5 Carmen Lundy

The best jazz club singer in the world today. Intimacy is paramount. Modern Ancestors is one of this year's best albums and lights up her career achievements once more.

6 Patricia Barber

A poet, a risk taker, temperamental. Mythologies is one of the greatest jazz concept albums, either vocal or instrumental, of the last 30 years and tracks from her latest Higher are magnificent.

7 Kurt Elling

What can you say, his voice is a wonder and he has a philosophical presence somehow. As wise as a Johnny Hartman, as free spirited in song as a Mark Murphy.

8 Gregory Porter

The story began as so much in life, indulge me in being over literal, with Water.

9 Cleo Laine

A Grammy Award remarkably in jazz, popular, and classical categories. The 1980s was her heyday when she won a Grammy for best female jazz vocal performance for the album Cleo at Carnegie: The 10th Anniversary Concert. She transcends all genre limitations in her work and until Jamie Cullum came along no other clearly defined British jazz singer has achieved so much acclaim internationally.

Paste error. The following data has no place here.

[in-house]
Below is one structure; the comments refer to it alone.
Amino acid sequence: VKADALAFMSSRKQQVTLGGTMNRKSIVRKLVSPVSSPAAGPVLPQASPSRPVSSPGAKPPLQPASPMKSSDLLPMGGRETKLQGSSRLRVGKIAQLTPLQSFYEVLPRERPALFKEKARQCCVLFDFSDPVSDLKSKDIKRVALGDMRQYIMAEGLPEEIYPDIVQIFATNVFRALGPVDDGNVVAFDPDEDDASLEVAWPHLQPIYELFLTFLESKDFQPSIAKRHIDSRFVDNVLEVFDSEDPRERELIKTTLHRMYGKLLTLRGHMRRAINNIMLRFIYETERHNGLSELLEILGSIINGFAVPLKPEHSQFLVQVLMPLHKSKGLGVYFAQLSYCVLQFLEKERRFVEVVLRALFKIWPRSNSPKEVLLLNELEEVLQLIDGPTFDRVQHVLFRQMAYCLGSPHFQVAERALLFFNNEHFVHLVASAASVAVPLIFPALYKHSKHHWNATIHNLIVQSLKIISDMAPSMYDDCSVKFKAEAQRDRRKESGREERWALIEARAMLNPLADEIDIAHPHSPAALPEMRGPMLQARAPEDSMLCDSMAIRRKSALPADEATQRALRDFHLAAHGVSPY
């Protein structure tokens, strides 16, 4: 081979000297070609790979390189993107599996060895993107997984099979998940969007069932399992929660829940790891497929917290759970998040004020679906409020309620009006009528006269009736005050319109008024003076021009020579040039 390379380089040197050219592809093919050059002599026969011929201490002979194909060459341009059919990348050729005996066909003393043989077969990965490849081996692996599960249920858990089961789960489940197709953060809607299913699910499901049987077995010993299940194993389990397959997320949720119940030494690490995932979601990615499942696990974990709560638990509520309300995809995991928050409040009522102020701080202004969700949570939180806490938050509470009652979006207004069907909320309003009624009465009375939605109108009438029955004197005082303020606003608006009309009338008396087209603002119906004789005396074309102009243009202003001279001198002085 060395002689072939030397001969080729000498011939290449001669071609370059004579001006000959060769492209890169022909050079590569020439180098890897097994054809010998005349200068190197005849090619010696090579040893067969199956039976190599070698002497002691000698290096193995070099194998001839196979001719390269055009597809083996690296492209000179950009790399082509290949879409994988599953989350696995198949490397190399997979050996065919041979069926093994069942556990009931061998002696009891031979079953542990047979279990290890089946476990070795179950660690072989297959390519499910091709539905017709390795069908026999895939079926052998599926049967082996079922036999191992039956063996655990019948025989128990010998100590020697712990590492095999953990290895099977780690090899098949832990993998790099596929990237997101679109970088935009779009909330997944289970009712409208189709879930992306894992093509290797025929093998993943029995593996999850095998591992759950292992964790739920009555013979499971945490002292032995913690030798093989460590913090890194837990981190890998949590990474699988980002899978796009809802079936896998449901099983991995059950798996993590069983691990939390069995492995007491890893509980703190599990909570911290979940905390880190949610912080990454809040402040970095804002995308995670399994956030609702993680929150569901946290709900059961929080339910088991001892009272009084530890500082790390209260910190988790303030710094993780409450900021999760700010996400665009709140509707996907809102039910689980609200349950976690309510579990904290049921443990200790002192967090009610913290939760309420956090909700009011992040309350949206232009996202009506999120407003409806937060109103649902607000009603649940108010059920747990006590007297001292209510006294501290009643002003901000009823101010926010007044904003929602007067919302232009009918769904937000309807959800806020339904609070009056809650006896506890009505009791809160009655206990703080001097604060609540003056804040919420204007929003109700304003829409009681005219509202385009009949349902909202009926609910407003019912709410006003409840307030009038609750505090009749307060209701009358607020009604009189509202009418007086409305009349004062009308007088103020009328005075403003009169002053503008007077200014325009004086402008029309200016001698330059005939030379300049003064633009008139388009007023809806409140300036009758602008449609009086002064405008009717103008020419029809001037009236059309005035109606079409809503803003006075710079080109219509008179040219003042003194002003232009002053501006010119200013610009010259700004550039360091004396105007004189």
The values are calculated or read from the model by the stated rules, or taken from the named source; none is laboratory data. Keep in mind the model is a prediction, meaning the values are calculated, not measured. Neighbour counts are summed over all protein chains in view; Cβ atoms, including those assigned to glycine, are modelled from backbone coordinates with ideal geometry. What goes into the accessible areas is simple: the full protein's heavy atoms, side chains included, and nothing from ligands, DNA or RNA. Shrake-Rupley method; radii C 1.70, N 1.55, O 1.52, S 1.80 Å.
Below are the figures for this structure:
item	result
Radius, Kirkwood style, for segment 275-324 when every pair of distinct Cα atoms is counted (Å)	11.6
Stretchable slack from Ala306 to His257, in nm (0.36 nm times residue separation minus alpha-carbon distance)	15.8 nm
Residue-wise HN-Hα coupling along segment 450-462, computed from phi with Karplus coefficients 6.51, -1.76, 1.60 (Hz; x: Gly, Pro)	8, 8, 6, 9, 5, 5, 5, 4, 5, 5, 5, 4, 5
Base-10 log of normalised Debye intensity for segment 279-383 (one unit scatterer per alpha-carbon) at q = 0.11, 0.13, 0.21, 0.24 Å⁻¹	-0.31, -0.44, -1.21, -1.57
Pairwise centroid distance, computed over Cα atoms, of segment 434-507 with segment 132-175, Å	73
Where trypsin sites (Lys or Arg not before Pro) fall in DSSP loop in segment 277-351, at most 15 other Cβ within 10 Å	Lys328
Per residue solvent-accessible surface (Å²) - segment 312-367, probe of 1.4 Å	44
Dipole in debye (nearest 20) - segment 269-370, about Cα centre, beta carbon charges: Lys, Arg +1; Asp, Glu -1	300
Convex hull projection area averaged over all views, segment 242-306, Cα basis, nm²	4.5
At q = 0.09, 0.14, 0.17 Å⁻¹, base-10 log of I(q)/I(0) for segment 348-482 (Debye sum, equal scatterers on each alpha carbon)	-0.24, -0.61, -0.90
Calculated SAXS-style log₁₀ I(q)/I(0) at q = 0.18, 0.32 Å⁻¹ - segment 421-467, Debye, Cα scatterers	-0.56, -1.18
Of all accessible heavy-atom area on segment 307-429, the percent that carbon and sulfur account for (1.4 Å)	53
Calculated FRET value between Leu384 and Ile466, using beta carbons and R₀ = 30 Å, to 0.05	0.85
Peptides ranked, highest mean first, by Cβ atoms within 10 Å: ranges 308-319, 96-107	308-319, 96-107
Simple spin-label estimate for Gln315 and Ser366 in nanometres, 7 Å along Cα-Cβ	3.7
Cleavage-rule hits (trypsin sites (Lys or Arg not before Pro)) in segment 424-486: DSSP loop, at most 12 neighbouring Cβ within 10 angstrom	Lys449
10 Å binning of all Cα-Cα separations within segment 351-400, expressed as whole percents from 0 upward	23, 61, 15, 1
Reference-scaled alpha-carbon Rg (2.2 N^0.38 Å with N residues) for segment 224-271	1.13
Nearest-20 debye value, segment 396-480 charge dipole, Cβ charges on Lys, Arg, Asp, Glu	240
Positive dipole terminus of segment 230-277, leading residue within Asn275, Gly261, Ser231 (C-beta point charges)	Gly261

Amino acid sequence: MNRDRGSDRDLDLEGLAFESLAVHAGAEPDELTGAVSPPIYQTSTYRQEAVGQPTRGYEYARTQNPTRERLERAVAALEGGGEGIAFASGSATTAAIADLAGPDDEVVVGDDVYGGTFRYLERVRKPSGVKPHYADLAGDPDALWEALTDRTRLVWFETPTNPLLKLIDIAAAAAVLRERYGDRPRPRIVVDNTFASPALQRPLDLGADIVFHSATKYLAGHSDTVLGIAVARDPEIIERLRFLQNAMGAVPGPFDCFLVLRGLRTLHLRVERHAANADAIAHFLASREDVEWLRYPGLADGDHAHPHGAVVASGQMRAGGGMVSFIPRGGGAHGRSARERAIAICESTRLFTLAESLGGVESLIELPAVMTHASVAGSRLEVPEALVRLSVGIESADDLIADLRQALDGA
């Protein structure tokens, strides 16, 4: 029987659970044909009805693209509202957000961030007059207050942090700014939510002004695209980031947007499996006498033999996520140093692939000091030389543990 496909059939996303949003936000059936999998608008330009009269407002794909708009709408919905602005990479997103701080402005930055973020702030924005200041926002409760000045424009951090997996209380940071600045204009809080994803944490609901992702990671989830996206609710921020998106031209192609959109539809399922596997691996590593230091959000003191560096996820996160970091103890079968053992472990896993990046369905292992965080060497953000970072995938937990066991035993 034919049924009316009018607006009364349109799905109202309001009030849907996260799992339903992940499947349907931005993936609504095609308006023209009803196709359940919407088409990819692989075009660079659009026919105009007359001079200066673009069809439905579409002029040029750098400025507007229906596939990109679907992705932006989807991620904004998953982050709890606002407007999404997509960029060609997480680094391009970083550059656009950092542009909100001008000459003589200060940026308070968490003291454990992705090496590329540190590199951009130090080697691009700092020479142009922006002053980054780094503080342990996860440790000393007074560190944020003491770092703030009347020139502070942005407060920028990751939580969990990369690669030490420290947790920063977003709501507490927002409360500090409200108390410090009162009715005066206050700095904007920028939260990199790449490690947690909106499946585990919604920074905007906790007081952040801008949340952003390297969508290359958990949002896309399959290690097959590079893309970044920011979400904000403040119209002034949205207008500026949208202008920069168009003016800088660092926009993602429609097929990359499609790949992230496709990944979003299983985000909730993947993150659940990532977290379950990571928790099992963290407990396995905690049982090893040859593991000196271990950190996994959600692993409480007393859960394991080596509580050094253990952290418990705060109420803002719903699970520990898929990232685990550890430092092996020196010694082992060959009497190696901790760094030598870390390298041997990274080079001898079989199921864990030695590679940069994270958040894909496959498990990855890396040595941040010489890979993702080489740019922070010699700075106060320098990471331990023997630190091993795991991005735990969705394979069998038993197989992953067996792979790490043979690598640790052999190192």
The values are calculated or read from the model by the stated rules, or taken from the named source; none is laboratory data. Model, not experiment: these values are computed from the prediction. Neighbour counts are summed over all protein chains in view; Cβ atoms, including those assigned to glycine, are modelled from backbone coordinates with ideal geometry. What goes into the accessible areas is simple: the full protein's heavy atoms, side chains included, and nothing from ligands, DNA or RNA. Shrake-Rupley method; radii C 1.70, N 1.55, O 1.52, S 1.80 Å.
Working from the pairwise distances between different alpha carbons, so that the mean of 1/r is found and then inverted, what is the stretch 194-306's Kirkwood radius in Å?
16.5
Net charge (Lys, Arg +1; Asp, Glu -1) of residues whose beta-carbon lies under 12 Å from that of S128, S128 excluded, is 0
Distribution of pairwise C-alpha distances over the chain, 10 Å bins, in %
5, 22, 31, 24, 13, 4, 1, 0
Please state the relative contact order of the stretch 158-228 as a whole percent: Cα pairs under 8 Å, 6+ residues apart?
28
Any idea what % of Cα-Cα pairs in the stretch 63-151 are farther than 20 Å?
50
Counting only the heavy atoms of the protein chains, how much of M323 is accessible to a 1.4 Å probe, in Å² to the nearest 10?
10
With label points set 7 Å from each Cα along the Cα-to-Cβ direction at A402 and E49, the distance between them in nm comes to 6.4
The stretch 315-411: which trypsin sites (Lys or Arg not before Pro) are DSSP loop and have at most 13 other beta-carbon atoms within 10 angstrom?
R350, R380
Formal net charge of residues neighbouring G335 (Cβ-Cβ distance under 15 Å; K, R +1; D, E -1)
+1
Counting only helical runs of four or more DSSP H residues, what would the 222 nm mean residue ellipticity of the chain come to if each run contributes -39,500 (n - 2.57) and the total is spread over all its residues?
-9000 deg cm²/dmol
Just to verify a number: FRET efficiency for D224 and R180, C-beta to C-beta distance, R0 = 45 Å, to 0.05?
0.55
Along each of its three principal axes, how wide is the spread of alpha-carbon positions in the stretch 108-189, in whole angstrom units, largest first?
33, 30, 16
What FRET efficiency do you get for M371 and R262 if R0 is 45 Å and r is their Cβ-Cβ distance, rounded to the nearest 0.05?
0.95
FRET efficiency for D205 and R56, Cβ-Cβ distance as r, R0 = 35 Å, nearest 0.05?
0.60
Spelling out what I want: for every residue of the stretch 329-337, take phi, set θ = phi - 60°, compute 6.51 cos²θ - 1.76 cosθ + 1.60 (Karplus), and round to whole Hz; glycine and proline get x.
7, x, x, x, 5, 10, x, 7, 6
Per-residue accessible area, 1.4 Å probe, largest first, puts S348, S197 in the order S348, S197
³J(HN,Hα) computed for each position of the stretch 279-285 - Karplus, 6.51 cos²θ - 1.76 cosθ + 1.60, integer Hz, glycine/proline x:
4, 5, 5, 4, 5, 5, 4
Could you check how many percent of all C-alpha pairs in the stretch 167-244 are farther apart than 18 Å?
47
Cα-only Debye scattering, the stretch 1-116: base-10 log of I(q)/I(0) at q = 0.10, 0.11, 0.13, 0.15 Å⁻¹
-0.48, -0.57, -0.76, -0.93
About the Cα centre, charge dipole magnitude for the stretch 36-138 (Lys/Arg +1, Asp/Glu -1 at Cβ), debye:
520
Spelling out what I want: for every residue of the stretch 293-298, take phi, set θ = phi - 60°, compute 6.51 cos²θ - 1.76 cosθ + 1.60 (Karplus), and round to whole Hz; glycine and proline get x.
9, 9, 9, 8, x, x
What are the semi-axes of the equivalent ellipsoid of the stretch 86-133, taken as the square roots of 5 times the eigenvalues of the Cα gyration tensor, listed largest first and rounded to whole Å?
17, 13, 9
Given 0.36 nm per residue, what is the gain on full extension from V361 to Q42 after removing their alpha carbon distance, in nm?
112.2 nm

10 Andy Bey

Ultimate connoisseur's choice to speak Joni capable of ''touching souls.''

11 Van Morrison

A great jazz singer as well as everything else.

12 Tony Bennett

Walks on water for many. For new fans begin with his duets with Amy Winehouse and go back to the work with Bill Evans and Dave Brubeck.

13 Theo Bleckmann

Superb interpreter of Kate Bush… and so much more. Seek out his work with Michael Wollny.

14 Norma Winstone

No one does poignant or bittersweet better.

15 Dianne Reeves

Today's Ella Fitzgerald. Born to sing.

16 José James

Begin with The Dreamer.

17 Stacey Kent

Ultimate girl nextdoor singer.

18 Norah Jones

As much a country singer as a jazz singer. Her voice is everywhere, a joy, and instantly recognisable.

19 Youn Sun Nah

Marvellous whether singing a Randy Newman or Tom Waits song. A vocal acrobat and tender interpreter.

20 Ian Shaw

Gifted imaginer of Fran Landesman and Joni Mitchell. Superbly spirited.

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2019 Highlight: Amanda St John